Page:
Babies for sale? De Lima seeks Senate probe

ABS-CBN News

Posted at Dec 04 2019 03:56 PM | Updated as of Dec 04 2019 10:19 PM

MANILA - Opposition Sen. Leila de Lima has sought an investigation into the allegedly "rampant buying and selling of newborn babies" in the black market, citing earlier incidents reported in media. 

In Senate Resolution No. 224, De Lima asked the Senate to investigate the alleged baby trade both online and in communities. 

She cited investigative reports that recently uncovered "the insidious babies-for-sale trade" in Southeast Asian countries and other parts of the world allegedly under the control of syndicates.
 
"In the Philippines, where social media platforms are easily and widely accessed by many of our citizens, reports reveal that babies are sold on online channels such as Instagram and Facebook," De Lima said in the resolution. 

"On the other hand, offline transactions occur outside public hospitals and in slum communities 'where 6 out of 10 women have either sold or know someone who has sold a baby, according to women in slum neighborhoods'," said De Lima, adding that poverty has fueled the trade. 

She cited the American woman charged with human trafficking after she was caught at the Ninoy Aquino International Airport with a 6-day-old baby taken without the parents' consent in September. 

De Lima also made reference to the viral report on a babysitter who took a 5-month-old baby from her family just last month in Taguig City. The baby was returned the next day, with the sitter claiming she did not intend to take the infant away.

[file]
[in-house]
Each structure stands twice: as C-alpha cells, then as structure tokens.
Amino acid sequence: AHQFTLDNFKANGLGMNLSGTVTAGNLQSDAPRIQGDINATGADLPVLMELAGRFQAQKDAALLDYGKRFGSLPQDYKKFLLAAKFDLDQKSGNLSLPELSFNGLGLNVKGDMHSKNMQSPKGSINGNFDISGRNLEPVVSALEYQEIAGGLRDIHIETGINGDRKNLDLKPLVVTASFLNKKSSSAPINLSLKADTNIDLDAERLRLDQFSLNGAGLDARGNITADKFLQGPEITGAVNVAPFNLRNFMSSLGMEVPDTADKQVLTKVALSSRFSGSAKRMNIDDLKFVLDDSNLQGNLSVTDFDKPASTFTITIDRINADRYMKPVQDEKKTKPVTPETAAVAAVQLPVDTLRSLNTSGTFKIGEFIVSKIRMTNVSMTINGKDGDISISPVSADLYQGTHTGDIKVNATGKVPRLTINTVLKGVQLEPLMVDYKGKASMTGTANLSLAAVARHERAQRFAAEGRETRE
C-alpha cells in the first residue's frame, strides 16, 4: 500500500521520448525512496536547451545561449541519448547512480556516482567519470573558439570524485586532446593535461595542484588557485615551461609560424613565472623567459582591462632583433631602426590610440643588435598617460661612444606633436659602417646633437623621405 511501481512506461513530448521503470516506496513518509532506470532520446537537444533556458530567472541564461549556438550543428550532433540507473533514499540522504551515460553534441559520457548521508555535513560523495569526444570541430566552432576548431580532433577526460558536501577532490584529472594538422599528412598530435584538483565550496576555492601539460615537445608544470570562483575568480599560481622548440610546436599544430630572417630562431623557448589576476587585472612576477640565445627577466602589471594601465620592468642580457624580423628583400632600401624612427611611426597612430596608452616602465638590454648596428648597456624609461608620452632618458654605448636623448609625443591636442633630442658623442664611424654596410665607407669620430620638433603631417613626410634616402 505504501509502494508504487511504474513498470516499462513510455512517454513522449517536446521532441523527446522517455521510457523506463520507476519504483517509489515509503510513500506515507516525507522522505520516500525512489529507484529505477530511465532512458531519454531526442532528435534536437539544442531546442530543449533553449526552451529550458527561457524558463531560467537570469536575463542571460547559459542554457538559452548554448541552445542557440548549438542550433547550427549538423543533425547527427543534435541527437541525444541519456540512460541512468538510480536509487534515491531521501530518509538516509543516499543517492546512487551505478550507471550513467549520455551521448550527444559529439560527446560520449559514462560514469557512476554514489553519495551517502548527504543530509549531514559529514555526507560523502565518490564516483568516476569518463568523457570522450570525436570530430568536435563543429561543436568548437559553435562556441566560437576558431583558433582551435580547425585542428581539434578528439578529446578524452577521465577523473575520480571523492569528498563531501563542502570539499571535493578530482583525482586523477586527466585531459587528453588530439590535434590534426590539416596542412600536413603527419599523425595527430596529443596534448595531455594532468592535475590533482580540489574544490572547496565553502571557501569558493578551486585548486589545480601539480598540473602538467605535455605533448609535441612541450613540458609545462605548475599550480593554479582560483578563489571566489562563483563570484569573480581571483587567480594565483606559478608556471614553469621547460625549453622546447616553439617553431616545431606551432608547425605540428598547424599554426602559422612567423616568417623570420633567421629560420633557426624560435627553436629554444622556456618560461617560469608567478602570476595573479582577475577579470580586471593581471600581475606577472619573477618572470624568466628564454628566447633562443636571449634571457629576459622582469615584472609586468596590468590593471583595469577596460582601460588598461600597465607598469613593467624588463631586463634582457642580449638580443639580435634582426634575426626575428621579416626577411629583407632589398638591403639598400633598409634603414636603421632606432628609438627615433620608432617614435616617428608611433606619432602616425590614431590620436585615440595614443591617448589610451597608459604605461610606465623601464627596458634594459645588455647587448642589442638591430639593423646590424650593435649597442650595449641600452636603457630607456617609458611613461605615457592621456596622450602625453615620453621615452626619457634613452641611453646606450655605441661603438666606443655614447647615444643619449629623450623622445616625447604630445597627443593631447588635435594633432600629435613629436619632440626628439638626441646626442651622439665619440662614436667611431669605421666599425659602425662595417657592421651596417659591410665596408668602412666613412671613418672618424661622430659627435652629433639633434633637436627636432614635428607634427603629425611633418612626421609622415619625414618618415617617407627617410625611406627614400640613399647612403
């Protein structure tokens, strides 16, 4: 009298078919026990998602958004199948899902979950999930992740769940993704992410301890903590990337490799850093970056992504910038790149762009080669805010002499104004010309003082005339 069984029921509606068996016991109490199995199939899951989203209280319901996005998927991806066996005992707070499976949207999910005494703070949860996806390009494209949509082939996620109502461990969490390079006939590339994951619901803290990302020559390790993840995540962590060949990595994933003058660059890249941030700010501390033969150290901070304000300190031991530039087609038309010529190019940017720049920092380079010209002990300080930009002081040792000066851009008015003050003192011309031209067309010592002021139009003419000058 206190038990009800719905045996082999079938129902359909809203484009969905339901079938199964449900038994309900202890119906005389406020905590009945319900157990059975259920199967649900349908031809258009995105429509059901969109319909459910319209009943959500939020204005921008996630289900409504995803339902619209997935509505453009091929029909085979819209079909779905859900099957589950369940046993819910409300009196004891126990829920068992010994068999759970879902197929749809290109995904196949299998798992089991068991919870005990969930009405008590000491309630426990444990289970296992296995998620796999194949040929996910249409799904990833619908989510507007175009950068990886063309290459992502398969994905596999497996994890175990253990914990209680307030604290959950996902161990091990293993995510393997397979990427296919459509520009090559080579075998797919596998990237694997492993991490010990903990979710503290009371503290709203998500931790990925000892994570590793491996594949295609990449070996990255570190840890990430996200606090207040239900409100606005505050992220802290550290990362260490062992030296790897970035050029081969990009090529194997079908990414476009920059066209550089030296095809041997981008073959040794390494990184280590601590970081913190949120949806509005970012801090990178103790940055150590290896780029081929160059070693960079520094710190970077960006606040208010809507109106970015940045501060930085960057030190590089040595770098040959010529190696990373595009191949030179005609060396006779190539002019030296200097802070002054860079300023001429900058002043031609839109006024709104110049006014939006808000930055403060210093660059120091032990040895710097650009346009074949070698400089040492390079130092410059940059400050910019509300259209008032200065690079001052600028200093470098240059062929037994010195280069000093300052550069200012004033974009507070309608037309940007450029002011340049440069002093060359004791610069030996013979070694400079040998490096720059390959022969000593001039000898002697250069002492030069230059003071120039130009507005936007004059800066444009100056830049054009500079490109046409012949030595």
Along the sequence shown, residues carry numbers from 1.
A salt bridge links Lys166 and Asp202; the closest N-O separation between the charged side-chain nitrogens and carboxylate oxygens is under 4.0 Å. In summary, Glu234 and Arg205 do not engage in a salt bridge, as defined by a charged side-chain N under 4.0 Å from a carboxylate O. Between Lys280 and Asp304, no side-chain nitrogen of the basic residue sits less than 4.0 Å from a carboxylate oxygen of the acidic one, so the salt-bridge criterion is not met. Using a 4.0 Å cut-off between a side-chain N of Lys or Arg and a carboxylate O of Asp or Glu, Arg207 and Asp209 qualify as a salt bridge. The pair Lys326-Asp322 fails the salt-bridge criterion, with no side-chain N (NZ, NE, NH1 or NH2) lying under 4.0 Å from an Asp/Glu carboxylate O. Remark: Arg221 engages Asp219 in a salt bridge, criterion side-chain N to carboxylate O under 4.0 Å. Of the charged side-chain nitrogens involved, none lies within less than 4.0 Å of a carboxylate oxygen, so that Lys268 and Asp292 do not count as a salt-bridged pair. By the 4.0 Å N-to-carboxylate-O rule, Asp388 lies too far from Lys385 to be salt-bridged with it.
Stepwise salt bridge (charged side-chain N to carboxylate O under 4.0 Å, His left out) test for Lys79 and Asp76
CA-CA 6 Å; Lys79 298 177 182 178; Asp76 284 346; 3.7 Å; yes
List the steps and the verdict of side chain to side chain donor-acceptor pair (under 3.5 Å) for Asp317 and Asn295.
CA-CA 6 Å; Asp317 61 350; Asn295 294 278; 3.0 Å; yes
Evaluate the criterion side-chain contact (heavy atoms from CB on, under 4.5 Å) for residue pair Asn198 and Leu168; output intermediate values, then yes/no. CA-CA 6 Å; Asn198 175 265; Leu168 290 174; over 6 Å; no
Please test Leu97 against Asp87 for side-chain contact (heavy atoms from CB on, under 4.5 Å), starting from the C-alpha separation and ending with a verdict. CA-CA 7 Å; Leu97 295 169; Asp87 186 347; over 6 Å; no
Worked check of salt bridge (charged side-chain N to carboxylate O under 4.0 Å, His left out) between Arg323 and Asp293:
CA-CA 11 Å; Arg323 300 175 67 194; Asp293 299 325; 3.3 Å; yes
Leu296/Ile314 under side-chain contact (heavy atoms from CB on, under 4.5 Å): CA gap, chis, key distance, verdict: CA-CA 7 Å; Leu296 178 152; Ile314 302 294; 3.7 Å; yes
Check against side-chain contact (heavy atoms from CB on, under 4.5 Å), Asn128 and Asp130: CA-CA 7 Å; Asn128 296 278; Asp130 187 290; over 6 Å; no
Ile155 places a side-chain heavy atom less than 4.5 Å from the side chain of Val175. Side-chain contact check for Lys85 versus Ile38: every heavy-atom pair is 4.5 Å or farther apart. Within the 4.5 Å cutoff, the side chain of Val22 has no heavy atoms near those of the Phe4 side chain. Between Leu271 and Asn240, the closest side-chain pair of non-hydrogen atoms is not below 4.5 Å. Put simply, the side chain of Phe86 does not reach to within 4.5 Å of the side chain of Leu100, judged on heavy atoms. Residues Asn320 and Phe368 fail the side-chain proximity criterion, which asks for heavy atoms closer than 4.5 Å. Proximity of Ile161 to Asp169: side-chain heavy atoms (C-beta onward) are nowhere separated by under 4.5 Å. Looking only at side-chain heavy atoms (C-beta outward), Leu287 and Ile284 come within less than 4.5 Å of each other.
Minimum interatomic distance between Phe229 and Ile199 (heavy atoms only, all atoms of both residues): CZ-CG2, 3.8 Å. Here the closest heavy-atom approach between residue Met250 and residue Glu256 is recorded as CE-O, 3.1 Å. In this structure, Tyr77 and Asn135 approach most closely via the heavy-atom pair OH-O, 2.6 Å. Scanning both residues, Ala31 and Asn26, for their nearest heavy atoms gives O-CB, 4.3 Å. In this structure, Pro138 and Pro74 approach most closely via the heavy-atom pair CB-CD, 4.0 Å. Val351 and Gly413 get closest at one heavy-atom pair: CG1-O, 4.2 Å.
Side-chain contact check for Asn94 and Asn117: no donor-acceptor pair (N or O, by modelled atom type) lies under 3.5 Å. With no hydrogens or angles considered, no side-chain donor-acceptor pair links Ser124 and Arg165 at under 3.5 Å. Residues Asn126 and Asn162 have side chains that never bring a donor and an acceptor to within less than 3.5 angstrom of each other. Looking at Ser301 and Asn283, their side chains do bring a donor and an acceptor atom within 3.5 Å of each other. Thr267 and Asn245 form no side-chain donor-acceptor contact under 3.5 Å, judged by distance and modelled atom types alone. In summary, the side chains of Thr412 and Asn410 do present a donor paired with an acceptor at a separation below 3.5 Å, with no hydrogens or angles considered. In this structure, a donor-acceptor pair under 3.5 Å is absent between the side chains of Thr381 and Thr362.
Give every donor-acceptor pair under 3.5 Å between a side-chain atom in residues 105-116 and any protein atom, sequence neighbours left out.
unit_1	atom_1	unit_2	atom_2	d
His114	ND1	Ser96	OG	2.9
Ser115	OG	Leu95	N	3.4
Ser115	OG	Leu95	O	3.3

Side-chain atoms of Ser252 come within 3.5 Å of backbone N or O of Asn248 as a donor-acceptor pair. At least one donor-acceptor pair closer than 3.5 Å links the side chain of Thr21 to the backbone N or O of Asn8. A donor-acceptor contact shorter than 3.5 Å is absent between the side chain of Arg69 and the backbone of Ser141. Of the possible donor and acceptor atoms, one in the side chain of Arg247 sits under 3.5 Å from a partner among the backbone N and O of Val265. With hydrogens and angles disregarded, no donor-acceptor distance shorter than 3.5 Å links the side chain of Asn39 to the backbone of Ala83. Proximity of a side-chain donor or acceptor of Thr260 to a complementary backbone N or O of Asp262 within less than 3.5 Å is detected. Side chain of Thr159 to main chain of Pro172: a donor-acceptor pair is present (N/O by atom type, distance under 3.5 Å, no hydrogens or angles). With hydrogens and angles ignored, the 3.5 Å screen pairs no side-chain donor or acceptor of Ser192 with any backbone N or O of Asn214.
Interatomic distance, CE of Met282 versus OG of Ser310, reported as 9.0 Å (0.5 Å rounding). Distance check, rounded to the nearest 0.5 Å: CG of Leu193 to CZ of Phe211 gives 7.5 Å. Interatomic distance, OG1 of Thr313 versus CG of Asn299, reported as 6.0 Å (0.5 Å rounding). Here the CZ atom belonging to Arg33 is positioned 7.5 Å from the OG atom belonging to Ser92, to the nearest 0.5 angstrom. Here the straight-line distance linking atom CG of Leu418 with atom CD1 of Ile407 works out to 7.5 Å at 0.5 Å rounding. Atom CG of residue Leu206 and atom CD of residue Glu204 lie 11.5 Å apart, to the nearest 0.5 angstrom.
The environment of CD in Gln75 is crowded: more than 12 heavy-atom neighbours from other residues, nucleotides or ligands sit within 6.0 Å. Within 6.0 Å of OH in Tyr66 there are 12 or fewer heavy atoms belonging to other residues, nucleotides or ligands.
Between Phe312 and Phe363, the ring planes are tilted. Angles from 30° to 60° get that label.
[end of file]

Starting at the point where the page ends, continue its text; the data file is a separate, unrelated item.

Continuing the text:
“Despite the efforts of both the government and non-governmental organizations to address the illegal baby-for-sale trade, significant solutions remain to be elusive," said De Lima, who has continued to file legislative documents even while detained on drug charges for more than 2 years now. 

De Lima pointed out that the baby trade was being aggravated by the "tedious, multilayered, and highly bureaucratic" system of adoption in the Philippines," which "takes years to process."
 
She said the National Bureau of Investigation was aware of the trade but added "the agency admitted that it “is hardly making a dent” on the matter."

“The State must ensure that in mobilizing government agencies in the creation of a peaceful environment that is free from crime and drugs, equal effort is exerted in protecting children and generations yet to come from predators that are operating in circumvention of and in violation of existing domestic and international laws,” De Lima said.

The Philippines has one of the fastest population growth rates in Southeast Asia, with about 4,659 babies born daily or three babies born per minute, according to the Philippine Statistics Authority's latest available figures from 2017. 

Out of 1.7 million live births that year, 53.3 percent or more than 907,061 were born to unwed mothers.